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Asian Tribune is published by World Institute For Asian Studies|Powered by WIAS Vol. 12 No. 2857

Sunday Celebrity: Subbu Arumugam’s name is synonym with ‘villu pattu’

By Gopal Ethiraj, Chennai

[caption id="attachment_2651" align="alignright" width="207" caption="Subbu Arumugam"]Subbu Arumugam[/caption]

This popularly known Villu Pattu (translated literally in English “bow-song”) is a simple and catchy folk music form which still stands as a symbol of a cultural wealth of the Tamils.

Bow-- the age-old weapon of warriors - paradoxically lends itself to be used as a primary musical instrument for the Villu Pattu artists. Udukku, Kudam, Thala, Kattai are used as supplementary instruments in performances. The two ends of the bow are tied by a strong high tension string. The centre of the convex side of the bow is made to rest on the neck of a large sized earthen pitcher. There are numerous bronze bells hanging from the bow in a row from top to bottom.

Subbu Arumugam as the chief vocalist or the main story teller of the party sits in the centre of the bow, with two slender wooden rods called the Veesu kol with cymbals attached, one in each hand . “Thanthanana yendru solliye…,” so saying he commences his programme. While singing well, artfully he raises and moves his hands, holding the rods as to express the mood and the bhava portrayed in song, and deftly strikes against the bow string producing the tala or the time beat, synchronizing it with the stresses and the time beats in the song. After he completes a line of the song, the persons accompanying on Udukku and other instruments repeat the last phrase of the line or they say in chorus 'aama', 'aama' . The whole ensemble is an interesting fare. He is much sought-after, and heavily booked.

Media might have developed into many branches over the years, but nothing can replace the ‘reach’ of the folk lore form of communication in landing the message to the people. That is why even the government policies and programmes are carried to the people through the folklore art form. No doubt Subbu Arumugam is invariably the choice of the government to carry its mass media programmes.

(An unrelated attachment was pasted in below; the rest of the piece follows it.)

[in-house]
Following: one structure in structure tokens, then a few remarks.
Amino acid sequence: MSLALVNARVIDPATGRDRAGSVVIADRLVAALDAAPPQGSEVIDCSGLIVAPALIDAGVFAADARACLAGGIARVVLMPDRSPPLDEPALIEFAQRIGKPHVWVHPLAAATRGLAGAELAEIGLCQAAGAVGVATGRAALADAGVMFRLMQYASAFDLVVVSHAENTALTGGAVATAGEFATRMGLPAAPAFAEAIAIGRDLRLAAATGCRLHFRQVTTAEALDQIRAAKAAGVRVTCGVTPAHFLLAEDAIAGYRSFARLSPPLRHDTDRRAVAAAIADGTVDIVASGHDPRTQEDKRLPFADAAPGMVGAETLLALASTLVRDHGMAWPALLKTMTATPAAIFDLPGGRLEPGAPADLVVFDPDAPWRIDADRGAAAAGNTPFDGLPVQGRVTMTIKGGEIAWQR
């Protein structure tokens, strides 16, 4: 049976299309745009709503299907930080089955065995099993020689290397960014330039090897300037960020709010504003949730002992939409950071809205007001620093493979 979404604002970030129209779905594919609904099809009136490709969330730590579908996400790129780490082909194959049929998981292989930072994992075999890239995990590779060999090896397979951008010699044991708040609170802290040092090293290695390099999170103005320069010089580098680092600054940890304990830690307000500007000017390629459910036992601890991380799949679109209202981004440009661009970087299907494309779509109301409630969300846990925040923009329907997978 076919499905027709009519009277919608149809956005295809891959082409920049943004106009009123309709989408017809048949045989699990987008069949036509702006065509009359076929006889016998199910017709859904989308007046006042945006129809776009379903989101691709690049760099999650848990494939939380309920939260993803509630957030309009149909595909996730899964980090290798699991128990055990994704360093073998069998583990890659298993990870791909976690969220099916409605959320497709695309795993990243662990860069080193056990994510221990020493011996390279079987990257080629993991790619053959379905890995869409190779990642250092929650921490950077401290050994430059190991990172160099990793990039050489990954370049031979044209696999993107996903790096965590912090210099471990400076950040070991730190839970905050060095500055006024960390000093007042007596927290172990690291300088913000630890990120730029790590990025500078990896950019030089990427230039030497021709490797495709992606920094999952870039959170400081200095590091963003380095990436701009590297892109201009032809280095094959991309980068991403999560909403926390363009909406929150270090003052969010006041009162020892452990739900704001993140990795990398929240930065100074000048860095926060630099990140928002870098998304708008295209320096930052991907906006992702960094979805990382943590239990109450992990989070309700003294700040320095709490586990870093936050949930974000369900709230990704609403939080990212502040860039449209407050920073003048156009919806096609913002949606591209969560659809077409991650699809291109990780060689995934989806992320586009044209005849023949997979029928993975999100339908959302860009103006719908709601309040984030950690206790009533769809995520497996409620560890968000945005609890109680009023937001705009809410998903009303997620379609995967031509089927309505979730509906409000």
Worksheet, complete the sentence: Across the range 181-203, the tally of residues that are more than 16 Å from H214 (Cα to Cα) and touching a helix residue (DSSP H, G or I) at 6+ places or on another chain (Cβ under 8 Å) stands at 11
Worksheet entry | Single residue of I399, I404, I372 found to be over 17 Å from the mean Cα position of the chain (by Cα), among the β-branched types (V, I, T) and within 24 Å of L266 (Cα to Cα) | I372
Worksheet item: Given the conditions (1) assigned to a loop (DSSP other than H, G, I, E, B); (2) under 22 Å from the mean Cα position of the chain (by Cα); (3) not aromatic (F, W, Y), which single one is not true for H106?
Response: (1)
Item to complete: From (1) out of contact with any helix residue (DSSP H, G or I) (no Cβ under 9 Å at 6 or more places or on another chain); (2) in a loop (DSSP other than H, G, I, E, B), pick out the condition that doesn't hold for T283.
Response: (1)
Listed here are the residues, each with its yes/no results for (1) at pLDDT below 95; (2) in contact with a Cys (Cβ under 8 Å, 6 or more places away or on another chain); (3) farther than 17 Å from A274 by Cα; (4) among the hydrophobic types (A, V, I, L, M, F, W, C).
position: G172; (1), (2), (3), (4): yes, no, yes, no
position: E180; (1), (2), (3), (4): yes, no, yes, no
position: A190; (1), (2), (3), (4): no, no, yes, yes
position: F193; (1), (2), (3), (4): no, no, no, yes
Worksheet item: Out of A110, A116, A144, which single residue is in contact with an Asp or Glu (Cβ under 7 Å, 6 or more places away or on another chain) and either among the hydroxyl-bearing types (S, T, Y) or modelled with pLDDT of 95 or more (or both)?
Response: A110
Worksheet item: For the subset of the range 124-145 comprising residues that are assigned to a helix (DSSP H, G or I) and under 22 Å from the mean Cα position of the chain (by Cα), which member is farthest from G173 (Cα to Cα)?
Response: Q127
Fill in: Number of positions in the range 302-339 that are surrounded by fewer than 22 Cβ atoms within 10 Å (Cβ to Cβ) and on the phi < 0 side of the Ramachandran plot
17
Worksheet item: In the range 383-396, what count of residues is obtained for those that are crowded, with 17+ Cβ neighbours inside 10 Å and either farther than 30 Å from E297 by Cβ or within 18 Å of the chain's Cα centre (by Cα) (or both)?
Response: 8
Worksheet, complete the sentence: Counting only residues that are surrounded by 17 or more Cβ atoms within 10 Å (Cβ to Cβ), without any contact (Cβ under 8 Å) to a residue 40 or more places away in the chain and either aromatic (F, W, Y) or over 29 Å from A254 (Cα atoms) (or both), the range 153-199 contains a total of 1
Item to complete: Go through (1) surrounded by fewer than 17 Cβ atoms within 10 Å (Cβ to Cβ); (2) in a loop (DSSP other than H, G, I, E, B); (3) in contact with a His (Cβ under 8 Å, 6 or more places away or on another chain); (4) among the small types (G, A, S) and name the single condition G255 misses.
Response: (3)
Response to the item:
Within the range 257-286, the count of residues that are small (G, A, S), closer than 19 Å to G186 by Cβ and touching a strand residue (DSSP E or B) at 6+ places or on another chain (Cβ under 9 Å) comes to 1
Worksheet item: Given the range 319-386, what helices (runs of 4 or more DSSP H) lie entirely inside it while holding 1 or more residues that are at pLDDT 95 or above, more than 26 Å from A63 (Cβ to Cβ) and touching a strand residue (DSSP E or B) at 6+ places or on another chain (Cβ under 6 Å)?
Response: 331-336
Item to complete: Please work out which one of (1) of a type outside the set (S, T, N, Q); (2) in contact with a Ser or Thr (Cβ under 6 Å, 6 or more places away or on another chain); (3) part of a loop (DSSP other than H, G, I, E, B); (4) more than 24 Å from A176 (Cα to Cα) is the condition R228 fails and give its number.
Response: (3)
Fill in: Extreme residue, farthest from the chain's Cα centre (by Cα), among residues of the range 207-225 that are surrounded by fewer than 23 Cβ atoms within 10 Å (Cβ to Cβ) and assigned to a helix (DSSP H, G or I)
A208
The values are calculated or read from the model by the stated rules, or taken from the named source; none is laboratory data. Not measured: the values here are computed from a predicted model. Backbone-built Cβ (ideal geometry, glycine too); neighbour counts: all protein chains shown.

For the government mass media communications, Arumugam has performed programmes such as Family Planning, Aids awareness, tree plantation, pollution control, small savings, old age literacy, farm activity, etc

Music, especially, is inter-twined with every activity of our daily life, and one can say that Tamil and Music are inseparable. Subbu Arumugam says ‘Muthamizh’ (Tamil in its three aspects)—Eyal (prose), Iyasi (music) and Natakam (drama)—is in-built in his folk art. A person who is versatile and expert in all the three alone can render well. Besides one has to be a spontaneous poet and sail with rhythm and music.

Arumugam is a Tamil Vidwan and thus a poet himself, bestowed with sharp acumen and presence of mind. “Half the script only I prepare, the rest flows automatically on the stage. I am cut out for this role, thanks to God,” he says.

Subbu Arumugam’s katcheri is mostly on “Ramayana,” “Maha Bharatha,” “Bhagwat Geeta,” “Silapathikaram,” “Periapuranam” and “Thiruvalluvar”. He does other programmes based on the need of the people. A Gandhian to the core, he never ends a performance without mentioning Gandhiji, the Father of the Nation. “Gandhiism is grousing through my blood,” he says proudly.

His message of patriotism, moral values, philosophy is impeccable in that he gives them in the language of common man with music and rhythm. “My body language is the ‘drama’ and my literary ‘spill’ is the flavor,” he says.

The minimum required strength for villu pattu is six persons, he says. When less in number, the performers in ancient times divided into two groups and rendered as question-answer session, it was called lavani pattu; in ancient times women had exclusively folk music art form, called ammanai (sung by women playing seeds thrown into air and catching) and kummi (singing by group of women with claps and dance in a circle.) In all these versatility, literacy, music and rhythm plays a main role, he says.